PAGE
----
Ragnarok DS
Platform: Nintendo DS
Publisher: XSEED Games
Developer: GungHo Works, Inc.
Genre: Action RPG
Format: Cartridge
Released: US 02/16/10
Japan 02/18/08

Graphics: 86%
Sound: 65%
Gameplay: 70%
Control: 88%
Story: 69%
Overall: 70%
Reviews Grading Scale
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Neal Chandran
Ragnarok DS
Neal Chandran

I'm sure plenty of the readers of this website are MMORPG fans and are familiar with Ragnarok Online. Even folks who have never played the game should at least be familiar with the game's stylized art and excellent spritework. Ragnarok is now on the DS in a form slightly different from its PC progenitor. The game features both a single player story campaign and a multiplayer mode which can be played over ad-hoc wireless or wi-fi. The single player mode is a standard fare 15-20 hour RPG with mediocre story and characters, and the multiplayer mode is a Rogue-like where you and two friends trek through a 50-floor dungeon with randomly generated floors. This makes the multiplayer experience more akin to Phantasy Star Online than a standard MMORPG. Ragnarok DS is not a bad game, but it could have been much better.

The story stars a conflicted young man named Ales. Like a typical RPG protagonist, he has daddy issues and seeks to become a great adventurer. He meets Sierra, a mysterious amnesiac mage girl right off the bat. Just about anyone who has played a fair number of Japanese RPGs can easily guess how this story turns out. Basically, Ales and Sierra as they go on quests, make friends, fight enemies, and hopefully find what they are truly looking for in the world. The story is a watered-down version of a typical RPG plot, but XSEED delivers a top-notch localization with writing that gives these cracker-thin character archetypes more personality than they really deserve.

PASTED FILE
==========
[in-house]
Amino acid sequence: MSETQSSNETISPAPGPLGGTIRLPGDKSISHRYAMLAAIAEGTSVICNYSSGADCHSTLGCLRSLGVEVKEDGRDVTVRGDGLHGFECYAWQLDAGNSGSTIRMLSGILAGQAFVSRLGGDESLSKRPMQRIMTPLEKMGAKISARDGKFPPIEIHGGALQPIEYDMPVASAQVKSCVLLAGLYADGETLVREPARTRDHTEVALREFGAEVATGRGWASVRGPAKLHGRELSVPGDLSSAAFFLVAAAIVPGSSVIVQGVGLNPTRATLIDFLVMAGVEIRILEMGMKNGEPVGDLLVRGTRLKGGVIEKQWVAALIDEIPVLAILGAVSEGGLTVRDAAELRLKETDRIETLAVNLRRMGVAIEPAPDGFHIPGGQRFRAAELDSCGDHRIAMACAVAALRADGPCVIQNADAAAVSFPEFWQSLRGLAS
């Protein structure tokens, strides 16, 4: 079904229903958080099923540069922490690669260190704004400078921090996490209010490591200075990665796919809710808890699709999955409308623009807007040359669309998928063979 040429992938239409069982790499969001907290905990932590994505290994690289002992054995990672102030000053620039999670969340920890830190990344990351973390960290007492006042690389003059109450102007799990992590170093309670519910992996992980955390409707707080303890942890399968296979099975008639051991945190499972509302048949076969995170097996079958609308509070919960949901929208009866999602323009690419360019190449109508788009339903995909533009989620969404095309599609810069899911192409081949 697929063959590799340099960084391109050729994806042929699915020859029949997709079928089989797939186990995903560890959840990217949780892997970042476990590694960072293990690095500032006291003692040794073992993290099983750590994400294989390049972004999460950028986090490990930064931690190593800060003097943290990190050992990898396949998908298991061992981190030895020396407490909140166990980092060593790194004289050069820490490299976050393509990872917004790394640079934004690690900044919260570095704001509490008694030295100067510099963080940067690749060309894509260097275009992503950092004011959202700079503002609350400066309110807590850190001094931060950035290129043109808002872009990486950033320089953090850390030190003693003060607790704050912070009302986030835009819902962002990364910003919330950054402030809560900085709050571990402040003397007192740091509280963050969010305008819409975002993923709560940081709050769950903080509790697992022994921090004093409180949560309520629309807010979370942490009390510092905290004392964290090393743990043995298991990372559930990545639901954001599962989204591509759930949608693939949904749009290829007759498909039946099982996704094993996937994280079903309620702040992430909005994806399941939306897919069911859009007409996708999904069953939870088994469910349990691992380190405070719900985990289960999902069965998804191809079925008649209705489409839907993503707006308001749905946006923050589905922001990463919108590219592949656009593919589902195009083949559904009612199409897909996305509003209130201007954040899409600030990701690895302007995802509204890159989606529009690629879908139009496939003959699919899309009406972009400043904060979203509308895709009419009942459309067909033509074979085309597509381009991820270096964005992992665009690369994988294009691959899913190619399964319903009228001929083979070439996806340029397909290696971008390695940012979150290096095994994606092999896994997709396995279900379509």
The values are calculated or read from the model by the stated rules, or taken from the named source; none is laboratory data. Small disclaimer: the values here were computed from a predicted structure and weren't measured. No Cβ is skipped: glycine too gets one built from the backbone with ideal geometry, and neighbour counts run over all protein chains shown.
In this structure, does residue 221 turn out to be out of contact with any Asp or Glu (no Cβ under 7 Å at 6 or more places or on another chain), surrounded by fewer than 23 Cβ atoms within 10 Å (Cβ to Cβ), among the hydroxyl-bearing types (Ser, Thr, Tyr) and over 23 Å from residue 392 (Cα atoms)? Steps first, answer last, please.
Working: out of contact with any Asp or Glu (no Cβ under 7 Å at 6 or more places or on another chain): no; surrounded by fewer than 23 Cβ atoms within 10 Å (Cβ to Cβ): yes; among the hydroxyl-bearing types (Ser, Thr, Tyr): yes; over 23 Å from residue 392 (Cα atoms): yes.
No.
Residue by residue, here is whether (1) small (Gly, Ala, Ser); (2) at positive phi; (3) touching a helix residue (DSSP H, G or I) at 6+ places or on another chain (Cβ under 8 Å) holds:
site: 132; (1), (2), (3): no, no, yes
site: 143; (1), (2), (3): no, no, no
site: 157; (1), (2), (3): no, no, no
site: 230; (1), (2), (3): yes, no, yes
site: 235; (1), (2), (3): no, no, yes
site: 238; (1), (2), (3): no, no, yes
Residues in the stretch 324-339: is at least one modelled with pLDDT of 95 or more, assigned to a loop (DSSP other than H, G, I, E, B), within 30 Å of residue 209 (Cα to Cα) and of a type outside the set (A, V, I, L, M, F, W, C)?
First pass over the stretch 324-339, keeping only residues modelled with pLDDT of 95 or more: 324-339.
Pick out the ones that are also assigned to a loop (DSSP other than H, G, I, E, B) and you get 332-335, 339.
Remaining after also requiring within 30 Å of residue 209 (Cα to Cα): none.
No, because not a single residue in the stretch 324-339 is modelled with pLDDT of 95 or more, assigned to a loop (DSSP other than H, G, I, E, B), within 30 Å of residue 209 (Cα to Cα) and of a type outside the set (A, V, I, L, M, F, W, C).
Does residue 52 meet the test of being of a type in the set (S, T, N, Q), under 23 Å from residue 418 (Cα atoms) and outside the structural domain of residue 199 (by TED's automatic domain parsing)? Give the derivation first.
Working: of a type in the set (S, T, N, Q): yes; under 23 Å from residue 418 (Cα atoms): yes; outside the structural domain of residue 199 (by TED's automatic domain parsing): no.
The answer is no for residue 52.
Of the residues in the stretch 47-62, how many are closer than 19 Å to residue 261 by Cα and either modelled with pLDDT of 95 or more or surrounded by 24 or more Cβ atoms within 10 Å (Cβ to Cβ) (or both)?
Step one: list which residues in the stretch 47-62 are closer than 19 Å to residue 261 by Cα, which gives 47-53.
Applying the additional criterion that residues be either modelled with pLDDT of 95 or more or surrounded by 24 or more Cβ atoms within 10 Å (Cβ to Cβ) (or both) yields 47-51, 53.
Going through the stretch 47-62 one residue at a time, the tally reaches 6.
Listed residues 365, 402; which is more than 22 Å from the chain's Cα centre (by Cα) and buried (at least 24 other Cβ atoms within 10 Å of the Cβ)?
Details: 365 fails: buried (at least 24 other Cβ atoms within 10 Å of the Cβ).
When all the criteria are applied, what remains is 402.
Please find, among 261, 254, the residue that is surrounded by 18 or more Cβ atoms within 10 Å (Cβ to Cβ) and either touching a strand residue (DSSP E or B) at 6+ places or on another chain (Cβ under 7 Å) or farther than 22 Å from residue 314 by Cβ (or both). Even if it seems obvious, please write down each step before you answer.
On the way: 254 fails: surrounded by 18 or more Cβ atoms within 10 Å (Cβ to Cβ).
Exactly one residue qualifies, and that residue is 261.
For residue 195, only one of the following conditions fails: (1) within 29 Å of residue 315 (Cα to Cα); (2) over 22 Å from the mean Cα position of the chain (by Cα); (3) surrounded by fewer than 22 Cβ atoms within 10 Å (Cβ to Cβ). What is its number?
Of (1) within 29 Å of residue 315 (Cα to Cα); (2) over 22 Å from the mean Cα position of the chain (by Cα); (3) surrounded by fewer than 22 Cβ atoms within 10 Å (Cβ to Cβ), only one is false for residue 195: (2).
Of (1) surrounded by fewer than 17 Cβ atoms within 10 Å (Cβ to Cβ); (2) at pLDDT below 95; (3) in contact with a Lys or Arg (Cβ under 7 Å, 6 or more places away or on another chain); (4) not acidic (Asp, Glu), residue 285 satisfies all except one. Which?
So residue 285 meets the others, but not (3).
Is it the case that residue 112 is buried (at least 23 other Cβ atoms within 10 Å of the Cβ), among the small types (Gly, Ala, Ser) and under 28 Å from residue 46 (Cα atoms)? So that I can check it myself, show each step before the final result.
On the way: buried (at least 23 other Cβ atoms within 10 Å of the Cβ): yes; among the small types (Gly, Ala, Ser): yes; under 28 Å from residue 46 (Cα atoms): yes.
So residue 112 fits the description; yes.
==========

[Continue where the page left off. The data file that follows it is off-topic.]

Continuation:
The overall plot is a sophomoric series of standard tropes marred by a cast of thin archetypes and haphazardly placed development which, given the 16 hour playtime, wasn't that much. Like in The World Ends With You, Ragnarok DS has special "story items" hidden throughout the world that can only be found after the main scenario is completed. I had little motivation to do that and wish the story items had been there from the start because the main scenario was thin.

I wonder if a game like this would have benefited from not having a traditional story-centric single player RPG experience, but instead been streamlined as a Rogue-like with one town (preferably not menu-based) and maybe one or two randomly generated dungeons. This would create more space for a stronger multiplayer component with more dungeons and more depth. But that is a different rant for a different part of the review.

Progression in the game follows a basic town-dungeon formula, but because there is no overworld or world map, players will often need to backtrack through previous areas just to get to a town they've already visited to get to the next plot point. It also doesn't help that every event that furthers the plot entails a fetch quest. The majority of sidequests offered in towns to earn extra money are mindless fetch quests, as well. I'm generally not a fan of being told to "go here and get this" in traditional RPGs (though I'm somewhat more forgiving of them in Rogue-likes) and Ragnarok DS's entire single player mode felt like a series of fetch quests, making progressing through the game tedious.